He says that he brought a lot of leadership experience with him when he won in 2016. He had been Chief of Staff twice and was the president of a medical care management organization. Jindal was also Chair of the board three of the four years. “That speaks to the confidence that the other board members have in me.”

A lot has been accomplished during his term, which he attributes to the entire board not just himself.

The Cath Lab has been expanded and the urology and cancer centers have been opened. Jindal said that these improvements are the result of past boards that made good decisions and he was proud that the current board was able to complete its vision.

The current board has made a Joint Powers Agreement with Kaweah Delta Health Care District to share resources and spread the risk of uninsured patients. They have also developed a Graduate Medical Education program that will bring in residents starting next year. He also said that Sierra View was just starting to open its own medical clinics to expand care.

Jindal wanted to point out that all the accomplishments of the board were made possible by the adept leadership of Sierra View CEO Donna Hefner.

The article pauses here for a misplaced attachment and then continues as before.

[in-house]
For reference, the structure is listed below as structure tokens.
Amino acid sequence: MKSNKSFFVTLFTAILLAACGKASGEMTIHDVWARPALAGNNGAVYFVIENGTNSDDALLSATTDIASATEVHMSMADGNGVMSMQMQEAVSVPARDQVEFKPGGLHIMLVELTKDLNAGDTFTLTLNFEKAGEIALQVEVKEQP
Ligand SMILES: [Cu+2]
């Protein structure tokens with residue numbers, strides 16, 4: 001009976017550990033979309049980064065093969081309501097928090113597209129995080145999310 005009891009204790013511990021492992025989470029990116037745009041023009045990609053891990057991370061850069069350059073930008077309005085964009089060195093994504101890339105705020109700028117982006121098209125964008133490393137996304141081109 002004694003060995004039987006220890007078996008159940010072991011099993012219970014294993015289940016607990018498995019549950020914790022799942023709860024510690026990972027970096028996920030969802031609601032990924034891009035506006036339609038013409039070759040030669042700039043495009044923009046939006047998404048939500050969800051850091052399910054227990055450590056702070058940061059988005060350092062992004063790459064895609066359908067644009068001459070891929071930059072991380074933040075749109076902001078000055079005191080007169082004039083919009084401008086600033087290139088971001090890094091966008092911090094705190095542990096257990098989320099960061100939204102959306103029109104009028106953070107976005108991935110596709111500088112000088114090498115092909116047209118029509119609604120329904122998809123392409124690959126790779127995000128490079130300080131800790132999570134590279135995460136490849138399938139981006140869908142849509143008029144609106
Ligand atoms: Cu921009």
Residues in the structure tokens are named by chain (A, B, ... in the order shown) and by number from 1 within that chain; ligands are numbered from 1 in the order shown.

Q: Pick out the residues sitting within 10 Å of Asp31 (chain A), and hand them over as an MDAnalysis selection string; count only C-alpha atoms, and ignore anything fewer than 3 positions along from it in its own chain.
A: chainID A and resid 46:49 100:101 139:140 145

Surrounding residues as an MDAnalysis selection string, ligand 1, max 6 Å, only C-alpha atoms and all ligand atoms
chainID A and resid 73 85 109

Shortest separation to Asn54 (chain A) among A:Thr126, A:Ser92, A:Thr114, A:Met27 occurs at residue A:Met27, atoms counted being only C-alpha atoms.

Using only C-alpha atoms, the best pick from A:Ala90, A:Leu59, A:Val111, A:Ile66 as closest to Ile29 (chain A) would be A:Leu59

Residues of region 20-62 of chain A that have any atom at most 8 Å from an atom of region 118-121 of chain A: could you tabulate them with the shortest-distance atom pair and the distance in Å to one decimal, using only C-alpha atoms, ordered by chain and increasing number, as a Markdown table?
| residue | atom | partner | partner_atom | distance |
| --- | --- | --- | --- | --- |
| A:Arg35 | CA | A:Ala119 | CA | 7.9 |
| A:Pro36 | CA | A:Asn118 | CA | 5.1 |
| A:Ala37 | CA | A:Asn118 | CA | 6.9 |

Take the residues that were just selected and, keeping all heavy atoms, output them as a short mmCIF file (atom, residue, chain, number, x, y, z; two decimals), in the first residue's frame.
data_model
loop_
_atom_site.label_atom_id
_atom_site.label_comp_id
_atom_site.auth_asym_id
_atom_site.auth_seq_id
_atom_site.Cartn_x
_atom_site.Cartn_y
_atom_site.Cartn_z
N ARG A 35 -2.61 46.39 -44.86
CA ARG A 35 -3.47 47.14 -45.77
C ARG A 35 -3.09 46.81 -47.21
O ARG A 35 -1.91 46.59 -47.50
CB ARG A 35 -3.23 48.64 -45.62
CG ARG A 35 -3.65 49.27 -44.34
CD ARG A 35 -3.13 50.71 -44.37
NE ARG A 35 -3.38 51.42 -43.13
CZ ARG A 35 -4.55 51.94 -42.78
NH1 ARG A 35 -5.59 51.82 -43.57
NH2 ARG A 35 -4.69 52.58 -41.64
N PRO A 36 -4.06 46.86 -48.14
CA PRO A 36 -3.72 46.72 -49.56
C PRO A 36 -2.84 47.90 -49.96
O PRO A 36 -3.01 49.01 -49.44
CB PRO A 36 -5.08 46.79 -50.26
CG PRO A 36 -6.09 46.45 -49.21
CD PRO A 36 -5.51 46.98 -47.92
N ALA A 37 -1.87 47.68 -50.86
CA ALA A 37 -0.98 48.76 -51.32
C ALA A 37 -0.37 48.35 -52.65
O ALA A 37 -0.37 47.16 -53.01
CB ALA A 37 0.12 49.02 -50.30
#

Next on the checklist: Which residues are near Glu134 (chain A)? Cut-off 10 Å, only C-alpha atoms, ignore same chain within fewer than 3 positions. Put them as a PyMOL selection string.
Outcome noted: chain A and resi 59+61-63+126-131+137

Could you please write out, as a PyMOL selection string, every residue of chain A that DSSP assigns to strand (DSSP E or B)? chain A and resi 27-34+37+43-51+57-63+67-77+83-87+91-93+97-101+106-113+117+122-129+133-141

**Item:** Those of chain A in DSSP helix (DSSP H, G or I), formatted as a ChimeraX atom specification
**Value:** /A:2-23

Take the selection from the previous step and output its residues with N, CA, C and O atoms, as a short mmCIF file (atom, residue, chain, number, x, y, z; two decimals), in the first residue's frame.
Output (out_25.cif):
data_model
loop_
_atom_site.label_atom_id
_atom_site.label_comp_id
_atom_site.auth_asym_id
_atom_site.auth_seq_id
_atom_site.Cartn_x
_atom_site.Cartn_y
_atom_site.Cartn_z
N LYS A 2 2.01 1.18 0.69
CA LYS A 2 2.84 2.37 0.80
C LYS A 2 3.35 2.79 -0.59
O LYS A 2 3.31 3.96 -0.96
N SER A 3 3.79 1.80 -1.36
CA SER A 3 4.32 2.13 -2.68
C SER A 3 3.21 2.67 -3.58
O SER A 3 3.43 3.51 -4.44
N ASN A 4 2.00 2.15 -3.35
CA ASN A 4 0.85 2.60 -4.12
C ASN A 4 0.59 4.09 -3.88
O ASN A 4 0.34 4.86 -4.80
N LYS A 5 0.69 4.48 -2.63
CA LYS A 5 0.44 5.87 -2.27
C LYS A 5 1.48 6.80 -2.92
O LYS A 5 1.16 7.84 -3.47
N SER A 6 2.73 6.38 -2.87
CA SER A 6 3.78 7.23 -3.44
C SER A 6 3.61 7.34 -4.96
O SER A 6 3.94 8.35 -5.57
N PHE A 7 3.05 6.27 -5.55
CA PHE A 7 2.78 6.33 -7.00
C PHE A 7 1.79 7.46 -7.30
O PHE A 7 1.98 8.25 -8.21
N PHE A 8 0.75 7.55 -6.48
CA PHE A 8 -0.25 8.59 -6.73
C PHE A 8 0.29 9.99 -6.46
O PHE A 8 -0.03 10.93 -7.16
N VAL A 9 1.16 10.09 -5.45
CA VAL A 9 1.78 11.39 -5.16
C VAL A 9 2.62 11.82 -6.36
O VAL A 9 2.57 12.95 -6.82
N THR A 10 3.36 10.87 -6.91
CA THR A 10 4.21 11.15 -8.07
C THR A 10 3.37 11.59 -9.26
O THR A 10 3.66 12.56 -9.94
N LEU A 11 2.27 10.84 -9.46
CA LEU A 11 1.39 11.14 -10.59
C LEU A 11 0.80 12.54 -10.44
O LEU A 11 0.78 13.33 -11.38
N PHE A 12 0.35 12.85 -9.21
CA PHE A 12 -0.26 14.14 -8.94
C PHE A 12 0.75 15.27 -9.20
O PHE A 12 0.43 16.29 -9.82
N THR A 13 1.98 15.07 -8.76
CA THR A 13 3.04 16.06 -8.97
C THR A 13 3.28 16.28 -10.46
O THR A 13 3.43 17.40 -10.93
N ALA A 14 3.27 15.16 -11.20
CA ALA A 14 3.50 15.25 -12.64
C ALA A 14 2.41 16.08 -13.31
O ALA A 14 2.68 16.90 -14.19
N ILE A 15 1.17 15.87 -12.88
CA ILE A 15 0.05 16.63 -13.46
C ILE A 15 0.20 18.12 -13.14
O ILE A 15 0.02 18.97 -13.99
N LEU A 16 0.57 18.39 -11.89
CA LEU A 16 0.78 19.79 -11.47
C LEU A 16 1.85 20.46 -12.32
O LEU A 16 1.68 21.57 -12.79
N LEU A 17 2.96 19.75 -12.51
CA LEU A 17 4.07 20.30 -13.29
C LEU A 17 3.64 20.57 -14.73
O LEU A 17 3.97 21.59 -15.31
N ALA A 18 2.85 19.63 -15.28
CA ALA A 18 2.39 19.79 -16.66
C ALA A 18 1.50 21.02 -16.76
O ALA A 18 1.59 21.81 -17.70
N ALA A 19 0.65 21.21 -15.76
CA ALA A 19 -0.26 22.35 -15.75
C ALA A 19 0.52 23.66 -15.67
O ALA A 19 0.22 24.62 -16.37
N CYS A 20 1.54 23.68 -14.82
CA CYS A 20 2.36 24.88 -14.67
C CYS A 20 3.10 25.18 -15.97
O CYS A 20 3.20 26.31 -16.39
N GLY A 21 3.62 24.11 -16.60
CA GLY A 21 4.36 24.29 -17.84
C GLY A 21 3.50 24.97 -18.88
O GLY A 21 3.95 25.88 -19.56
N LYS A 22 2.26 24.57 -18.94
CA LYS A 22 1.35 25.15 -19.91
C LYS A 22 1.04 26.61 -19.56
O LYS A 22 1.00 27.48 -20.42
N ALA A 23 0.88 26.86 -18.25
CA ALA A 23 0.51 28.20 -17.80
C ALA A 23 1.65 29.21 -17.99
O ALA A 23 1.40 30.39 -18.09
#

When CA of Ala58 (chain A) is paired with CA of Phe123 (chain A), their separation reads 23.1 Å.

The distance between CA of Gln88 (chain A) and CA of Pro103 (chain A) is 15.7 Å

“Our board has given clear-cut, unambiguous, good direction to the administration and I would like it to stay that way.”

Asked who he endorsed for the other two zones, Jindal said he had some good advice.

“All you have to do is pick up the phone and talk to your doctor to get some unbiased information. Most doctors and hospital staff are well informed, especially in this small district.”

Mudslinging continues in Zone 2

The battle extends beyond the ballot box for Sierra View Hospital District 2.

Incumbent Dr. Gaurang Pandya has been critical of Sierra View’s contract with Comfort Care Anesthesia. His challenger, Dr. Kuldeep Jagpal, owns the company.